Should You Insist on a Certified Instructor for Mind-Body Fitness Instruction?

If you have any familiarity with traditional exercise, you may recall seeing claims at clubs, by teachers and trainers, or in advertisements stating the importance of “certified” personal trainers, or “certified” water instructors, or “certified” step instructors. But with these mind-body methods, no such advanced system of certifying instructors exists . . . yet.

Some methods, such as Yoga, are beginning to grapple with the needs of a certification program as demand for classes increases. But this won’t likely be in place for a number of years. It took traditional exercise, such as aerobics, a decade or more to get to that place, and that industry is still upgrading and modifying the needs of educational demands.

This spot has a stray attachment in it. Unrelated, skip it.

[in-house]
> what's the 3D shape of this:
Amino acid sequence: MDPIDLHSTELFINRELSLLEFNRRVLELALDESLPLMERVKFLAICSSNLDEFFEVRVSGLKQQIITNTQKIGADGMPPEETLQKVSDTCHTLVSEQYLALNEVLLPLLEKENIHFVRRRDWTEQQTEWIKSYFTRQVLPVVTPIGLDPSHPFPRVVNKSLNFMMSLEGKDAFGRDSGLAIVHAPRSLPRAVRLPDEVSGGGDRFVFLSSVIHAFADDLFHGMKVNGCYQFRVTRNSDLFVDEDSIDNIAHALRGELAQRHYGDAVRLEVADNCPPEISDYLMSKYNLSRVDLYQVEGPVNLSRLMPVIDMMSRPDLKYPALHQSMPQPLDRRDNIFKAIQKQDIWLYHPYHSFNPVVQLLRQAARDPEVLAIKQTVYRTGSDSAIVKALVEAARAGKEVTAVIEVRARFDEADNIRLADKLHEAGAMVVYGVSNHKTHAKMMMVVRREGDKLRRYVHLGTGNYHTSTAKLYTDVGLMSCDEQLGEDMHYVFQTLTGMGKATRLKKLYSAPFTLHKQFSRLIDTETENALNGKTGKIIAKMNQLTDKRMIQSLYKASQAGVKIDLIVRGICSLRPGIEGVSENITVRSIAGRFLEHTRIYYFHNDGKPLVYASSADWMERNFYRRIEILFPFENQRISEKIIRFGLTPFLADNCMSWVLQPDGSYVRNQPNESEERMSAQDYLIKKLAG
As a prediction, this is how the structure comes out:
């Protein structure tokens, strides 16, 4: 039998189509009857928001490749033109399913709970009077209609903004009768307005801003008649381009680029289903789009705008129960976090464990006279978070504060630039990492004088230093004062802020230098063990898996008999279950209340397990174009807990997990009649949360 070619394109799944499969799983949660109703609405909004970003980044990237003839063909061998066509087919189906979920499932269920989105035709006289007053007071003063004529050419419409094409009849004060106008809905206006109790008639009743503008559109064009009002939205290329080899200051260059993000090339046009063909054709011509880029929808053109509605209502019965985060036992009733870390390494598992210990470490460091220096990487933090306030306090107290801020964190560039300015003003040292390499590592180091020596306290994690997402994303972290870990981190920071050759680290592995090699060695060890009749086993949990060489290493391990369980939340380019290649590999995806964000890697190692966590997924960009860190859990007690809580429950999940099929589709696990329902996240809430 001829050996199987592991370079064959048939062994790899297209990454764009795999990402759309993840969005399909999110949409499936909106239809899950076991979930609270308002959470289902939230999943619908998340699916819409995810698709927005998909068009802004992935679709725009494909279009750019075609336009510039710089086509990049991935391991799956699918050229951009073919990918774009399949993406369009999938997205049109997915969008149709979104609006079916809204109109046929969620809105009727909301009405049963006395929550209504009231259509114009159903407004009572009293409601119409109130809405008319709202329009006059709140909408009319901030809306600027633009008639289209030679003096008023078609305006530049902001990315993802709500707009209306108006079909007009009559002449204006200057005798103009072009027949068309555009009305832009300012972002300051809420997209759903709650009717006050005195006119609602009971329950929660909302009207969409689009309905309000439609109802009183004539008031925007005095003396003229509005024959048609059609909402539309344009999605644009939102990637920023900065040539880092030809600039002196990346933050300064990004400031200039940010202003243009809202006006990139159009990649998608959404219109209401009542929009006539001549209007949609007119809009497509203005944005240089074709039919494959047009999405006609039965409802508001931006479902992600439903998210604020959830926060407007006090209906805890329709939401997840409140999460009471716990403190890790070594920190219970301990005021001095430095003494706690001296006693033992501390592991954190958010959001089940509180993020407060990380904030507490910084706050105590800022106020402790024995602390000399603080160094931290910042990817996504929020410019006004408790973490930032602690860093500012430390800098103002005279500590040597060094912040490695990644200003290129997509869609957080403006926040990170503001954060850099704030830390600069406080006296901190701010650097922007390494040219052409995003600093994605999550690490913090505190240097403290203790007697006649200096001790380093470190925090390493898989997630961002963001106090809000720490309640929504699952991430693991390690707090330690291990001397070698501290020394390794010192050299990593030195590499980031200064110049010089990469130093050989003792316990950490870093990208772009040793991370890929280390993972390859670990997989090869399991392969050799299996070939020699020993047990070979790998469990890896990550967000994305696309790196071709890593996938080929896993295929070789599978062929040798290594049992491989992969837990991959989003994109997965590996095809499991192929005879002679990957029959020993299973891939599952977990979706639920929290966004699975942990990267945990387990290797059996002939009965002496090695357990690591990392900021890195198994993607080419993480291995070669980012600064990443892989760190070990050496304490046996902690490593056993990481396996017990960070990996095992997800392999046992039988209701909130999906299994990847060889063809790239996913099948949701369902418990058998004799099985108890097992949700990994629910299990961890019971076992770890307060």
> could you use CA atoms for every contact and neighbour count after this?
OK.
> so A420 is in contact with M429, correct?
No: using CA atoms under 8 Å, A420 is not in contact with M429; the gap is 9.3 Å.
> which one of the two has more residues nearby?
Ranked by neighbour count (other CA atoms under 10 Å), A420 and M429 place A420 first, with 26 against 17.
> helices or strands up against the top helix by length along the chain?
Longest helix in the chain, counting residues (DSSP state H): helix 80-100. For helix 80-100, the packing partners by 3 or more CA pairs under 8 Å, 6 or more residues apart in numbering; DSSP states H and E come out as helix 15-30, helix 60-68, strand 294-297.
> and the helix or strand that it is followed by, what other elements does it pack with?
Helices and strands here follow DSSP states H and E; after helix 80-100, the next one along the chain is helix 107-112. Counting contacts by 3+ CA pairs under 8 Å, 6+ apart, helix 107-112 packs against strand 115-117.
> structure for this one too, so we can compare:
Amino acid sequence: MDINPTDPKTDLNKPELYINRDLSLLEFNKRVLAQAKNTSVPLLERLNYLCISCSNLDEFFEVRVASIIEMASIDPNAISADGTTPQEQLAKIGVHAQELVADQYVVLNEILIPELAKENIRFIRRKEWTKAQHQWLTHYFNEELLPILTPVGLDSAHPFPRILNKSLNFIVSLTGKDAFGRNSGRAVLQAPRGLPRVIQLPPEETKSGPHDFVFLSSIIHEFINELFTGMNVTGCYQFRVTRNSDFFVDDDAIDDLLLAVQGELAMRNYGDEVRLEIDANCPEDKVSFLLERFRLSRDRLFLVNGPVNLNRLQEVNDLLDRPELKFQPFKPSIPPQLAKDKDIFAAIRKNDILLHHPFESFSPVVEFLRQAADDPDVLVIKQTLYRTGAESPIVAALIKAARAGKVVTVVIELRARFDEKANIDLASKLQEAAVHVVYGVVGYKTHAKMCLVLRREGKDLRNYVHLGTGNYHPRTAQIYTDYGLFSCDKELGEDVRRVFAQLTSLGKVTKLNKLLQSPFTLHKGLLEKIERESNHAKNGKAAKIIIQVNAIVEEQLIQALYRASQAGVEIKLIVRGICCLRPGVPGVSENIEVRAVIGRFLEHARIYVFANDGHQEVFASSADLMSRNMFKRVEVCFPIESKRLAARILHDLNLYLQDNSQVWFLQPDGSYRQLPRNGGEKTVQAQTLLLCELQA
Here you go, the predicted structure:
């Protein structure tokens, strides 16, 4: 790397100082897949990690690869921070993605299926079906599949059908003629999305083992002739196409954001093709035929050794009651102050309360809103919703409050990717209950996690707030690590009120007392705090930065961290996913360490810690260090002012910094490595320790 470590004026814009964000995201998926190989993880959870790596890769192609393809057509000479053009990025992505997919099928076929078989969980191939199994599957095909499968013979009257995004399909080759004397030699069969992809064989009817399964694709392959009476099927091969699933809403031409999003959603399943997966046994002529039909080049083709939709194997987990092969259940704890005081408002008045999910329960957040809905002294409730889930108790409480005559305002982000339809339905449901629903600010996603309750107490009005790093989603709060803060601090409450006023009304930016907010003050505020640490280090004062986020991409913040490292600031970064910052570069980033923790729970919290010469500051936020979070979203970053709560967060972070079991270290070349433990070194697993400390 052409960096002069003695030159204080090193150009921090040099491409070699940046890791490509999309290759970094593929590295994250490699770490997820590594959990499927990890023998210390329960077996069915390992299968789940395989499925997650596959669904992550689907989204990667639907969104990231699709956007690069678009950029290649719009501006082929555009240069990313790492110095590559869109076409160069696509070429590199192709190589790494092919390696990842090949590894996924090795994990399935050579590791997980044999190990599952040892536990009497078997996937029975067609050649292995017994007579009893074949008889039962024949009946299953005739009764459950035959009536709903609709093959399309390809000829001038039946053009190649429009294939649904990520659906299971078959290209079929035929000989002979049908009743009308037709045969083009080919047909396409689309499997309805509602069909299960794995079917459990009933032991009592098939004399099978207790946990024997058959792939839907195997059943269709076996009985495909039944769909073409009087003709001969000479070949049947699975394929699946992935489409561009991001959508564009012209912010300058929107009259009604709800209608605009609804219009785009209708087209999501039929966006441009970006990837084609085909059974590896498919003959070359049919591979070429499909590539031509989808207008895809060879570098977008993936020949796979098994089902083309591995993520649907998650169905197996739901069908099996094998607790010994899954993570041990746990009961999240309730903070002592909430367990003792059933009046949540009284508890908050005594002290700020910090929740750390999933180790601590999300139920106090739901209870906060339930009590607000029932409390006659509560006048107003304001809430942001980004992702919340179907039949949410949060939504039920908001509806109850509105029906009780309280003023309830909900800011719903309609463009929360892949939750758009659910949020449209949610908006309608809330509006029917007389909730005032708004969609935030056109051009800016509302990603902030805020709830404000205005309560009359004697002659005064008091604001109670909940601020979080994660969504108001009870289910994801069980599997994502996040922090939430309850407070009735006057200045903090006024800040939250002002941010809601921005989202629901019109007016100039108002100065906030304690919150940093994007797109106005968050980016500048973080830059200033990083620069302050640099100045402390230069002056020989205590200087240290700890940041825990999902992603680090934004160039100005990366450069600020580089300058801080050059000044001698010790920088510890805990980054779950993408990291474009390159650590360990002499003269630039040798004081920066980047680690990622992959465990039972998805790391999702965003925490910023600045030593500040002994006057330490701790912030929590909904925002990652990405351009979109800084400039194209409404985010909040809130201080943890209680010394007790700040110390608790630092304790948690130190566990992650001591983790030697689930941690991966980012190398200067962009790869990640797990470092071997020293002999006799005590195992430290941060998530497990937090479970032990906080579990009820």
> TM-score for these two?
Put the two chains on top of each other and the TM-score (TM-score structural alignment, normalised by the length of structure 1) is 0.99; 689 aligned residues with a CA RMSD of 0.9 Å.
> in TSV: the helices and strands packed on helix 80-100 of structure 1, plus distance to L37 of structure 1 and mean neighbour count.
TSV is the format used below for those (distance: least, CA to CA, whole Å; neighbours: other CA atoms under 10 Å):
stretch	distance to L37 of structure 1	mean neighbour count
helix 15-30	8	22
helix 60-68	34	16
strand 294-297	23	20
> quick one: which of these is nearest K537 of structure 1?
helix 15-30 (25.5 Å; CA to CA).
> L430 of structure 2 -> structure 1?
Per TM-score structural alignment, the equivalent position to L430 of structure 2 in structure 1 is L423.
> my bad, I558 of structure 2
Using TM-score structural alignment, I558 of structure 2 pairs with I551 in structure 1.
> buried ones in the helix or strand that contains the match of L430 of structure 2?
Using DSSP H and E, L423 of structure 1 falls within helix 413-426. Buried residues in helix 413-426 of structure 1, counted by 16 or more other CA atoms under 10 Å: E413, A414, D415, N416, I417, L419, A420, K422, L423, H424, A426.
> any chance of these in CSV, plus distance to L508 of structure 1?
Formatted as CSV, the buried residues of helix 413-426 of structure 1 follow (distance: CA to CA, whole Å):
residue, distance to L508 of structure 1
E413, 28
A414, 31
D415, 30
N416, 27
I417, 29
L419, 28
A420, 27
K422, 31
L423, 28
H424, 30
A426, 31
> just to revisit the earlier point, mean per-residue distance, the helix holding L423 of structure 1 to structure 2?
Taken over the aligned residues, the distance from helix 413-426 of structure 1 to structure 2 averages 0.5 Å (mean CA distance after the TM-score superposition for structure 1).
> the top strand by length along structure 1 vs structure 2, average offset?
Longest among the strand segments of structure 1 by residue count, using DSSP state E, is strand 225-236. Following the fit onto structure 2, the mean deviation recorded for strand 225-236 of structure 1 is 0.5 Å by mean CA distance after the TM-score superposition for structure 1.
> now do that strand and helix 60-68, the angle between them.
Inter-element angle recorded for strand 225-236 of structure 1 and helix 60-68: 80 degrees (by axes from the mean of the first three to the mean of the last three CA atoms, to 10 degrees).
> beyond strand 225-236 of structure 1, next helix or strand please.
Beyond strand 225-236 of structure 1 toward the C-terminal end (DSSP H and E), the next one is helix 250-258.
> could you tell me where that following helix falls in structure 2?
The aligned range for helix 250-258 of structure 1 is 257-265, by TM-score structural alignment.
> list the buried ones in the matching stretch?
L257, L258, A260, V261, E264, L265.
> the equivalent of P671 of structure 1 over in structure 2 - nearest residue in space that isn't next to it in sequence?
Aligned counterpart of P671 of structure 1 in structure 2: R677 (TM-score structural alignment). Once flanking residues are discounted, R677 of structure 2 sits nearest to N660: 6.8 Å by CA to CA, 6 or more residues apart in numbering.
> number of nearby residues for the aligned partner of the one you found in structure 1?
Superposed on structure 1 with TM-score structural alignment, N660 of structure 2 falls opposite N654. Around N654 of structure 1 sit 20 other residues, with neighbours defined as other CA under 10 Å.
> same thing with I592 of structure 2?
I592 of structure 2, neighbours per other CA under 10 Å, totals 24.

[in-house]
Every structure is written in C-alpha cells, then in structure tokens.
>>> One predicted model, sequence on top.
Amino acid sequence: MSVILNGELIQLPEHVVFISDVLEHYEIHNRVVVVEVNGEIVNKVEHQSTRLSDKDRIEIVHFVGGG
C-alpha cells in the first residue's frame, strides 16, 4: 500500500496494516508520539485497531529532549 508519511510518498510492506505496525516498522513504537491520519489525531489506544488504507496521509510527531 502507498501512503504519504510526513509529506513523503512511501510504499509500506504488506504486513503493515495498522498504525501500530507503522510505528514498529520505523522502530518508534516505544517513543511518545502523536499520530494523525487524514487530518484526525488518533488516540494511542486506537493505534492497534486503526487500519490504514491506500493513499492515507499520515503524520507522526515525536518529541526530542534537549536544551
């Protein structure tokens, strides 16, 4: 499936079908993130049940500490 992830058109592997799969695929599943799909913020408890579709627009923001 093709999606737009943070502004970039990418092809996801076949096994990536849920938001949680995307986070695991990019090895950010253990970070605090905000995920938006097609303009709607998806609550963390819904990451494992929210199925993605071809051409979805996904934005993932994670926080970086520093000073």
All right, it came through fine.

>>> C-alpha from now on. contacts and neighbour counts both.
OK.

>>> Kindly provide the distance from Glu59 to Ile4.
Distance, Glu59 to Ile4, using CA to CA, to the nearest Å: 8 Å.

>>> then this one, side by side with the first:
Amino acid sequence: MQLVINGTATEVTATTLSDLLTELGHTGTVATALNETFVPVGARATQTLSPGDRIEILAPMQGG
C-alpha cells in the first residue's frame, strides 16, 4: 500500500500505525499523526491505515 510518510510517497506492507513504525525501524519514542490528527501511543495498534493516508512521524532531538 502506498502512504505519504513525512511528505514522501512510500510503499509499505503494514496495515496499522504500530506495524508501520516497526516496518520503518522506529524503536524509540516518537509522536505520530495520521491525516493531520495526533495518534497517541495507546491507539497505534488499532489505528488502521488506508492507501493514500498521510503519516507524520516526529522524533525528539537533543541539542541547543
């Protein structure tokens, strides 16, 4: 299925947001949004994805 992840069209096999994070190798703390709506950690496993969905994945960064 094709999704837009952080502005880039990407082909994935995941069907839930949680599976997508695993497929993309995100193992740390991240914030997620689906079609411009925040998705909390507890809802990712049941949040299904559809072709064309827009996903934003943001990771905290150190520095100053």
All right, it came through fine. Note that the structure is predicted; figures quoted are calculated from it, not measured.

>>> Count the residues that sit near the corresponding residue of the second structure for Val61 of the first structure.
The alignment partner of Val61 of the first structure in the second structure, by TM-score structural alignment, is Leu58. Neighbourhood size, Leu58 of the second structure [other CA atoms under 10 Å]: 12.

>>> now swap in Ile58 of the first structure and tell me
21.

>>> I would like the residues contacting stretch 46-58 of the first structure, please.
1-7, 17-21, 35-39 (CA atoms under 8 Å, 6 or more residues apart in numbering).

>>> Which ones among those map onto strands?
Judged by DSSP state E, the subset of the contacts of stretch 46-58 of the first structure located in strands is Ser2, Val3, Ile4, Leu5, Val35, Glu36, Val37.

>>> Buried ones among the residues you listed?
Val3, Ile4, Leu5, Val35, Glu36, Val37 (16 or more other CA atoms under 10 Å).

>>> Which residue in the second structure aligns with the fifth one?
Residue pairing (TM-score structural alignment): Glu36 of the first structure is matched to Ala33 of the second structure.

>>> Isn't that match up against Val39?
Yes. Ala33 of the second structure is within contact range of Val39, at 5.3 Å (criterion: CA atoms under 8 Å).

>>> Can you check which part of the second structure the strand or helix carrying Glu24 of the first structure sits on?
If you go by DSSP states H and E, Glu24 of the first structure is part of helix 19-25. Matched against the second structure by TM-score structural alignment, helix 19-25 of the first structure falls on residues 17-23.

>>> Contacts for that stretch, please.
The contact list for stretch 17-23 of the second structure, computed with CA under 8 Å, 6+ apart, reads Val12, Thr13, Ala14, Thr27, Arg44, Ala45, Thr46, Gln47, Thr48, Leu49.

In conflict with this attempt is the fact that some mind-body methods stem from ancient forms that require apprenticeships and years of study. As such, it’s difficult to certify an instructor, and it’s even more difficult to force them to do continuing education to keep their certificate, as is necessary in the Western way.

What you may find are certificates, which claim that an instructor has taken a certain workshop or class from some guru. For that workshop attendance, instructors receive a certificate saying they took blah-blah course from so-and-so. That’s all. They may have listened and learned. They may not have. But usually if someone takes the time and money to attend a workshop, they pay attention.

Even if an instructor you find claims to be “certified” or “certificated,” you may find a better one who is not. So it pays to look around and feel what an instructor has to offer, and to listen to what that instructor not only says, but doesn’t say.

Bottom line: If you like a teacher, go for it.

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